The “live in the pod, eat the bugs” ideology is coming for video games, with a leading tech publication, CNET, attacking gamers who use high-powered gaming PCs as a threat to the climate, while praising developers who deliberately restrict the quality of their games in order to save resources.
CNET, one of the earliest media outlets dedicated solely to tech coverage, recently adopted a new tagline: “your guide to a better future.” It has also grouped together its coverage of emissions-reducing tech under a category called “CNET Zero.”
One of its targets: the video game industry, and the gamers who buy its products.
“The gaming industry has been slow to recognize that creating and playing video games consumes a lot of energy and produces emissions — which contributes to climate change,” huffs CNET writer David Lumb in a lengthy article.
“While the video game industry is paying more attention to sustainability, only a portion of gaming companies release climate impact data,” writes Lumb. “Even fewer account for how much energy is used by gamers around the world.”
Using the few estimates that have been made, Lumb identifies a new climate-change villain: the hardcore gamer, with a high-powered gaming PC.
Microsoft estimates that the average gamer with a high-performance gaming device consumes 72 kilograms of carbon dioxide annually. In the US alone, gamers generate 24 million tons of carbon dioxide emissions per year, according to a Project Drawdown report.
Ubisoft, a notoriously woke gaming studio, is not woke enough for Lumb, who once again implies that the energy required to play Ubisoft titles (which include Assassins Creed and Far Cry) is too high.
We can get one window into the sheer scale of these emissions from one of the world’s largest game studios, Ubisoft. Of the company’s annual carbon footprint (which was 148 kilotons of carbon dioxide in 2021), only 5% to 10% is from the company’s direct operations. The remaining emissions break down to around 10% to 15% to distribute games over networks and into retail stores, 40% for producing gaming devices and 40% for player use, including the energy used to power PCs and consoles.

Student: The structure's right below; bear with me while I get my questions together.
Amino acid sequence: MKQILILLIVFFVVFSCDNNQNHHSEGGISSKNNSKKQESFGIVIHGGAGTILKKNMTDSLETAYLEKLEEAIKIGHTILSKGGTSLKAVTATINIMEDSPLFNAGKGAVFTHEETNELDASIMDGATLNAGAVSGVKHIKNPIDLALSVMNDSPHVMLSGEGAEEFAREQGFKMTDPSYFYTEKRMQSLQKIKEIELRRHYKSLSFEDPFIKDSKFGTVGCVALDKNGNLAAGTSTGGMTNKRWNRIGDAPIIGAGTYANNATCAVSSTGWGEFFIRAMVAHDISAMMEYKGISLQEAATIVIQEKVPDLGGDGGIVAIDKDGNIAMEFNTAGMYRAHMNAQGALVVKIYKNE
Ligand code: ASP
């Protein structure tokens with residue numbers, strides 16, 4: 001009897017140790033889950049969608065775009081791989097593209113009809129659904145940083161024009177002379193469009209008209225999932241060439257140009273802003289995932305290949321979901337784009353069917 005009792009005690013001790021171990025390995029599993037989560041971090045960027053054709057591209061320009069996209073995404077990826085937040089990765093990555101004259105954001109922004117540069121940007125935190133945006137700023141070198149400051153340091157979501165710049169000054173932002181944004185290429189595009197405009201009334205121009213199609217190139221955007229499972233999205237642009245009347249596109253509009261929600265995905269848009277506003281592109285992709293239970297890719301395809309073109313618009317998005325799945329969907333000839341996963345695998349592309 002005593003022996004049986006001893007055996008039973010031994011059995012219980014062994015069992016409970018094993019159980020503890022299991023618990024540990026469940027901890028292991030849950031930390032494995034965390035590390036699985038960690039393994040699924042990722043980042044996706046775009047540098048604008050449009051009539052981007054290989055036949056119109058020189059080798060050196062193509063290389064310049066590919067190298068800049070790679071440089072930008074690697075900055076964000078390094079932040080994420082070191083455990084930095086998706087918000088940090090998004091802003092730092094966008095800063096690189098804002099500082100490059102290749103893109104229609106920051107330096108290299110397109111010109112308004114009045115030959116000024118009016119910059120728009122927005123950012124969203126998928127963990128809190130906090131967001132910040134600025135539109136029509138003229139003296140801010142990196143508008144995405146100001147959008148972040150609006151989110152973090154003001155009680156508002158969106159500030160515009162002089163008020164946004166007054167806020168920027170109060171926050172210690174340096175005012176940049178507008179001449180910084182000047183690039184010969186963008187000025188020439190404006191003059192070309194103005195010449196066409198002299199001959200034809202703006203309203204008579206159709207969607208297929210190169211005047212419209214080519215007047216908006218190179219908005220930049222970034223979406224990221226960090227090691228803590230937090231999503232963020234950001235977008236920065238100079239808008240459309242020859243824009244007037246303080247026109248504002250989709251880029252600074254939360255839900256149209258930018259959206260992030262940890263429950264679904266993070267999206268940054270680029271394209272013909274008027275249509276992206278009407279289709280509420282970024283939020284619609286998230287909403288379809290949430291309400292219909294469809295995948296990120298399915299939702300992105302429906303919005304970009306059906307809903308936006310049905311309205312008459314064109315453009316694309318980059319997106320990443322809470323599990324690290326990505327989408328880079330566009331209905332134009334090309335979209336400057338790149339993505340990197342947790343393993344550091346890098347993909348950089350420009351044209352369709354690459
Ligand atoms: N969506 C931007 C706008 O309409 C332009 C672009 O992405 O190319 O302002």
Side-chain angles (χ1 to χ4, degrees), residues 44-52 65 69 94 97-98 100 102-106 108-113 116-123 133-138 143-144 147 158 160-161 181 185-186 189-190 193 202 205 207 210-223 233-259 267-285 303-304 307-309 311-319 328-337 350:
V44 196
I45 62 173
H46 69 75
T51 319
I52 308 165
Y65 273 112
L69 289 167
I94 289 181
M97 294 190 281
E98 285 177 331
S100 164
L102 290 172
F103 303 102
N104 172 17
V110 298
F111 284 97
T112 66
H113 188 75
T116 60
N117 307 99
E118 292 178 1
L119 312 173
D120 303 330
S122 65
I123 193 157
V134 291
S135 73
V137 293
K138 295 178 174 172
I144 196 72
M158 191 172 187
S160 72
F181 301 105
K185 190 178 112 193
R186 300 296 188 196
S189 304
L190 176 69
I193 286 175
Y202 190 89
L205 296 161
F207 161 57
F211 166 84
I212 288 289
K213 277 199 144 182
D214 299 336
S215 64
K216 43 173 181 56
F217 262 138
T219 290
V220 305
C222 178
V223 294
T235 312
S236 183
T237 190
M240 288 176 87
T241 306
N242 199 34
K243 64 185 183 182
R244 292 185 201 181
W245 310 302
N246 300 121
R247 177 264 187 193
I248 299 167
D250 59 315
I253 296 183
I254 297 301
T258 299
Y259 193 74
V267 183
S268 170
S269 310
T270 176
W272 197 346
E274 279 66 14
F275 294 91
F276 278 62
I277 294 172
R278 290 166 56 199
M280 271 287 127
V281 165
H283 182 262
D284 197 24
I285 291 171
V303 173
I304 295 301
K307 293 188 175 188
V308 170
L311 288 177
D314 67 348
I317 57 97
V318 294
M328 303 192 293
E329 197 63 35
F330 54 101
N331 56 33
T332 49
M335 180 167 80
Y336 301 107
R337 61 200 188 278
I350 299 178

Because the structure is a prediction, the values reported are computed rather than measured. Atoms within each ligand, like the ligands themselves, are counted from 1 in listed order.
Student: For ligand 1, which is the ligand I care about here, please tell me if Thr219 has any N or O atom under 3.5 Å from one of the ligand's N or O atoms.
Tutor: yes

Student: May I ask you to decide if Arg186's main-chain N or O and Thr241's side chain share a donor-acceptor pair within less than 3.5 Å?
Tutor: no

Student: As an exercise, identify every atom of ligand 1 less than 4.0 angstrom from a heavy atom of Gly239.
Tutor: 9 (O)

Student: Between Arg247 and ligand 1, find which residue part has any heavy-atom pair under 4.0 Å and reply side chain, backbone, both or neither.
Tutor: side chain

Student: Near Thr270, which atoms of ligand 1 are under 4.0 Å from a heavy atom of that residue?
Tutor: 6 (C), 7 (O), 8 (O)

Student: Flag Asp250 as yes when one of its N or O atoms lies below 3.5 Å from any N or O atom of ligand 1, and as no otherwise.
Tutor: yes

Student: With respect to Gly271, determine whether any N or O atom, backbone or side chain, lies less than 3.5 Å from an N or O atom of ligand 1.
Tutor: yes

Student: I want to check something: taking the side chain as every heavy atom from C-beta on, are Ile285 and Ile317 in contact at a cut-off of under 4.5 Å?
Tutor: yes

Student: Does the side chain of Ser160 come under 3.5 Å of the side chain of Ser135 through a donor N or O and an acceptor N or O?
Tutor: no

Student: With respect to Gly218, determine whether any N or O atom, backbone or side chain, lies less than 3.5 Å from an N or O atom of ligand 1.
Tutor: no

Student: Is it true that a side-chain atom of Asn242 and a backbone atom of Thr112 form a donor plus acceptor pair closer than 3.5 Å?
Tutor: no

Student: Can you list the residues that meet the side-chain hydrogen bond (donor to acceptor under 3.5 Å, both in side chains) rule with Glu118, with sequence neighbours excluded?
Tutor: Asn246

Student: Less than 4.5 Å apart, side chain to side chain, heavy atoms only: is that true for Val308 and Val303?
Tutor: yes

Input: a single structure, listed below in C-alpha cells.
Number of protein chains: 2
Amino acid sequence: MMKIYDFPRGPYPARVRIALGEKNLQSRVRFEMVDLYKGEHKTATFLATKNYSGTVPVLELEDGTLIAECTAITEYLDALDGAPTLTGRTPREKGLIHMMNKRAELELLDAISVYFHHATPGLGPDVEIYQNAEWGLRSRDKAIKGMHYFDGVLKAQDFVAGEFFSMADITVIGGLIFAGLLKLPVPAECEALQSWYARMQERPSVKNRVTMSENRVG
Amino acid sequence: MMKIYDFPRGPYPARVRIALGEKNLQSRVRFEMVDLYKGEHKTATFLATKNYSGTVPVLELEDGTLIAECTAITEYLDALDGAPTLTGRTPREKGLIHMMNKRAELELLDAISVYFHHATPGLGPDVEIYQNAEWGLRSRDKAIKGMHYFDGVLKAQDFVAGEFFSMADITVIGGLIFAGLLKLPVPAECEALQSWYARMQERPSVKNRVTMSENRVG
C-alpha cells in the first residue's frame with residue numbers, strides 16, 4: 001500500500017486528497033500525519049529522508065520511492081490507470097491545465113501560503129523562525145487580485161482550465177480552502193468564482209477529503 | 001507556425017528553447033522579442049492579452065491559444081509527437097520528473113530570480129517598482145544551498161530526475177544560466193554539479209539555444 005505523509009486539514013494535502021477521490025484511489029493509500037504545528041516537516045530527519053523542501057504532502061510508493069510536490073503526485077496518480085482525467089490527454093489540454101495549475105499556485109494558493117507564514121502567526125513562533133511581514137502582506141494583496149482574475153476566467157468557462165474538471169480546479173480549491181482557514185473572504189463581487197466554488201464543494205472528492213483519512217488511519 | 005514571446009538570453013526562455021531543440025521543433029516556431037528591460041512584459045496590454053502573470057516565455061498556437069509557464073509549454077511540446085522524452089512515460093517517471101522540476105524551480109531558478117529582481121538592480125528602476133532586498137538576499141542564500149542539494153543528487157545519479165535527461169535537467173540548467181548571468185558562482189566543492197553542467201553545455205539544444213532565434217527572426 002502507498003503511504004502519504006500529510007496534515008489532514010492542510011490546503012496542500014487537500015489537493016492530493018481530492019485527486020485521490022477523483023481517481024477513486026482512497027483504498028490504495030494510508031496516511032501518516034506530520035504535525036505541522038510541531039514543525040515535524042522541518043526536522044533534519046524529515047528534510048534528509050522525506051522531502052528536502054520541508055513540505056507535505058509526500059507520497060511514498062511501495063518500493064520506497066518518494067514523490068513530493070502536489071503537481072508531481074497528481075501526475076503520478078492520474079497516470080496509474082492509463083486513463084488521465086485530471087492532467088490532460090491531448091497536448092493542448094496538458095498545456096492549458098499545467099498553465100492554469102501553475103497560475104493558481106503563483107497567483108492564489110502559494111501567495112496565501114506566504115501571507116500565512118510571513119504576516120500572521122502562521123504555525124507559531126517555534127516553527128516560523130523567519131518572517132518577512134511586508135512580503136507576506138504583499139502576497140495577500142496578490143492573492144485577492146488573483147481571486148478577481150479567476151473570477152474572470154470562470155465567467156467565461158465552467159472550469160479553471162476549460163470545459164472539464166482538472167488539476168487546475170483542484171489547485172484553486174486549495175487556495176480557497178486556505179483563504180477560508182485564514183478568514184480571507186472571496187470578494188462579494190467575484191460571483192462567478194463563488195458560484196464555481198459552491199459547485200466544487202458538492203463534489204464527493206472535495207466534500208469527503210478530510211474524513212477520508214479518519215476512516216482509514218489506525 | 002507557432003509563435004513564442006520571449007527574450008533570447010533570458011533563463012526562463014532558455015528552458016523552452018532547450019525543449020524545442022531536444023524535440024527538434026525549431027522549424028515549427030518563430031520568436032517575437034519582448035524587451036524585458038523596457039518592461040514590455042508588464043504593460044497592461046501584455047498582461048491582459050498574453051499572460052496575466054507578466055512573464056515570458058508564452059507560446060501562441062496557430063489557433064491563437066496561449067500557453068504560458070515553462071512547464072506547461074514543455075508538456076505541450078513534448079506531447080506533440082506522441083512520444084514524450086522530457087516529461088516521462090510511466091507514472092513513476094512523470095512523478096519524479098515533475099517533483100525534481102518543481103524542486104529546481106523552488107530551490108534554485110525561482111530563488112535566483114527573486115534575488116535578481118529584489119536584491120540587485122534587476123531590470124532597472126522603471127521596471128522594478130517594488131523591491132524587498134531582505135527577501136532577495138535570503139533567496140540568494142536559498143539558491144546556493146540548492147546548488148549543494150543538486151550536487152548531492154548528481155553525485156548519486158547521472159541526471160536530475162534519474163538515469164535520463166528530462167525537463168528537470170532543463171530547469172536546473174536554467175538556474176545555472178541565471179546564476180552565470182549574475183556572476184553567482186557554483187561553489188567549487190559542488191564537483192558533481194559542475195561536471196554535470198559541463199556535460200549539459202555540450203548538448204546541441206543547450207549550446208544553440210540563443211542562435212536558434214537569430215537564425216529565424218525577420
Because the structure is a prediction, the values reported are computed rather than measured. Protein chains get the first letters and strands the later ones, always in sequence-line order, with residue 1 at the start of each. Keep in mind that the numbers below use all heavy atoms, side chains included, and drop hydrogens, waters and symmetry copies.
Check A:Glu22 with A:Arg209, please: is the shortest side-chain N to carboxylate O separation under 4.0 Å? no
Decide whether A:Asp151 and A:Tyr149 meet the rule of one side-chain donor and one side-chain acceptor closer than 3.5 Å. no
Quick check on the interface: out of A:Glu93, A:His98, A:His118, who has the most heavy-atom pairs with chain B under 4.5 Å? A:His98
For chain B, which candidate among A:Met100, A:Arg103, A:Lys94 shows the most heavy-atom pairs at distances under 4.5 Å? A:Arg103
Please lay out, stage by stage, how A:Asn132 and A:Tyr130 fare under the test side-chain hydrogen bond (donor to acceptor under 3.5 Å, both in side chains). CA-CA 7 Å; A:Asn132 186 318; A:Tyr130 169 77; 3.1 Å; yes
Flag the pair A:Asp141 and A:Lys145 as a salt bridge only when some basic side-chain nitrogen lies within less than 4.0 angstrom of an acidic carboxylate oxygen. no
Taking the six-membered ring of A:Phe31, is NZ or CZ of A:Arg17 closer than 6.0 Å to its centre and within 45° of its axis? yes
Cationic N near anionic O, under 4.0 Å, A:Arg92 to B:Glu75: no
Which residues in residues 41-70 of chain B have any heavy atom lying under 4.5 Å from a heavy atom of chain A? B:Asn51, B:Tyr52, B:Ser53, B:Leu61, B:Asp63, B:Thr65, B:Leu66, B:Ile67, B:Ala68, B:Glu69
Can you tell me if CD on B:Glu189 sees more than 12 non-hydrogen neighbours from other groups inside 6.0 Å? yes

On Twitter, Lumb beat the same drum, calling gaming a “pastime with a price for the planet.”
Gaming is a pastime with a price for the planet. But game developers, researchers and some companies are collaborating to figure out how we can keep playing without warming our world. https://t.co/sjL7Yaon8j
— David Lumb (@OutOnALumb) May 22, 2023
His article was not without praise for some areas of the game industry. Early in the piece, he singles out a game developer who deliberately uses “fuzzy,” 1990s-era visuals in order to reduce the consumption of computing resources:
To further reduce its carbon impact, her next game, Known Mysteries, uses highly compressed video footage to shrink its data footprint. In stark contrast to the ultra-high-definition images found in today’s top-tier games, the visuals are as fuzzy as videos from old Encarta CD encyclopedias. Unlike modern big-budget titles, which often top 100GB, an early version of her game was just 200MB in size — intentionally constrained game design, resulting in lower impact on the climate.
CNET’s not-so-subtle demand for a reduction in the quality of both video games and the machines capable of playing them is hardly surprising. It fits in with a longstanding trend affecting virtually every industry.
Across the western world, there is an elite-led movement to force the population to accept a lower quality of life in the name of combating “man made climate change.”
This can be seen in everything from efforts to ban gas stoves to the ongoing campaign against eating meat due to the emissions produced by livestock farming.
Particularly in Europe, an elite-led push to achieve “Net Zero” emissions has contributed to spiraling energy costs and the rationing of produce in some UK grocery stores.
Even establishment institutions have warned that “Net Zero” targets are unmanageable. The UK Citizens Advice Bureau has warned of “unmanageable” costs to ordinary homeowners by policies forcing them to adopt expensive updates to heating and gas systems.
The deputy governor of the Bank of Italy, meanwhile, has warned that Net Zero targets will “blow up” Europe’s economy and would result in historic buildings being torn down to be replaced with “energy efficient” ones if the goals are taken to their logical conclusion.
Even as ordinary people suffer, elites press on, with Europe’s largest bank banning investments in new oil and gas projects even as the continent struggles to overcome an energy crisis. In France, the government has banned short-haul flights, in a move hailed by the government as a “pioneering” policy.
The elite-led movement responsible for all this is now targeting gamers. They’ve been forced to retreat from attacks on this community in the past. Will it be the same this time?
Allum Bokhari is the senior technology correspondent at Breitbart News. He is the author of #DELETED: Big Tech’s Battle to Erase the Trump Movement and Steal The Election.
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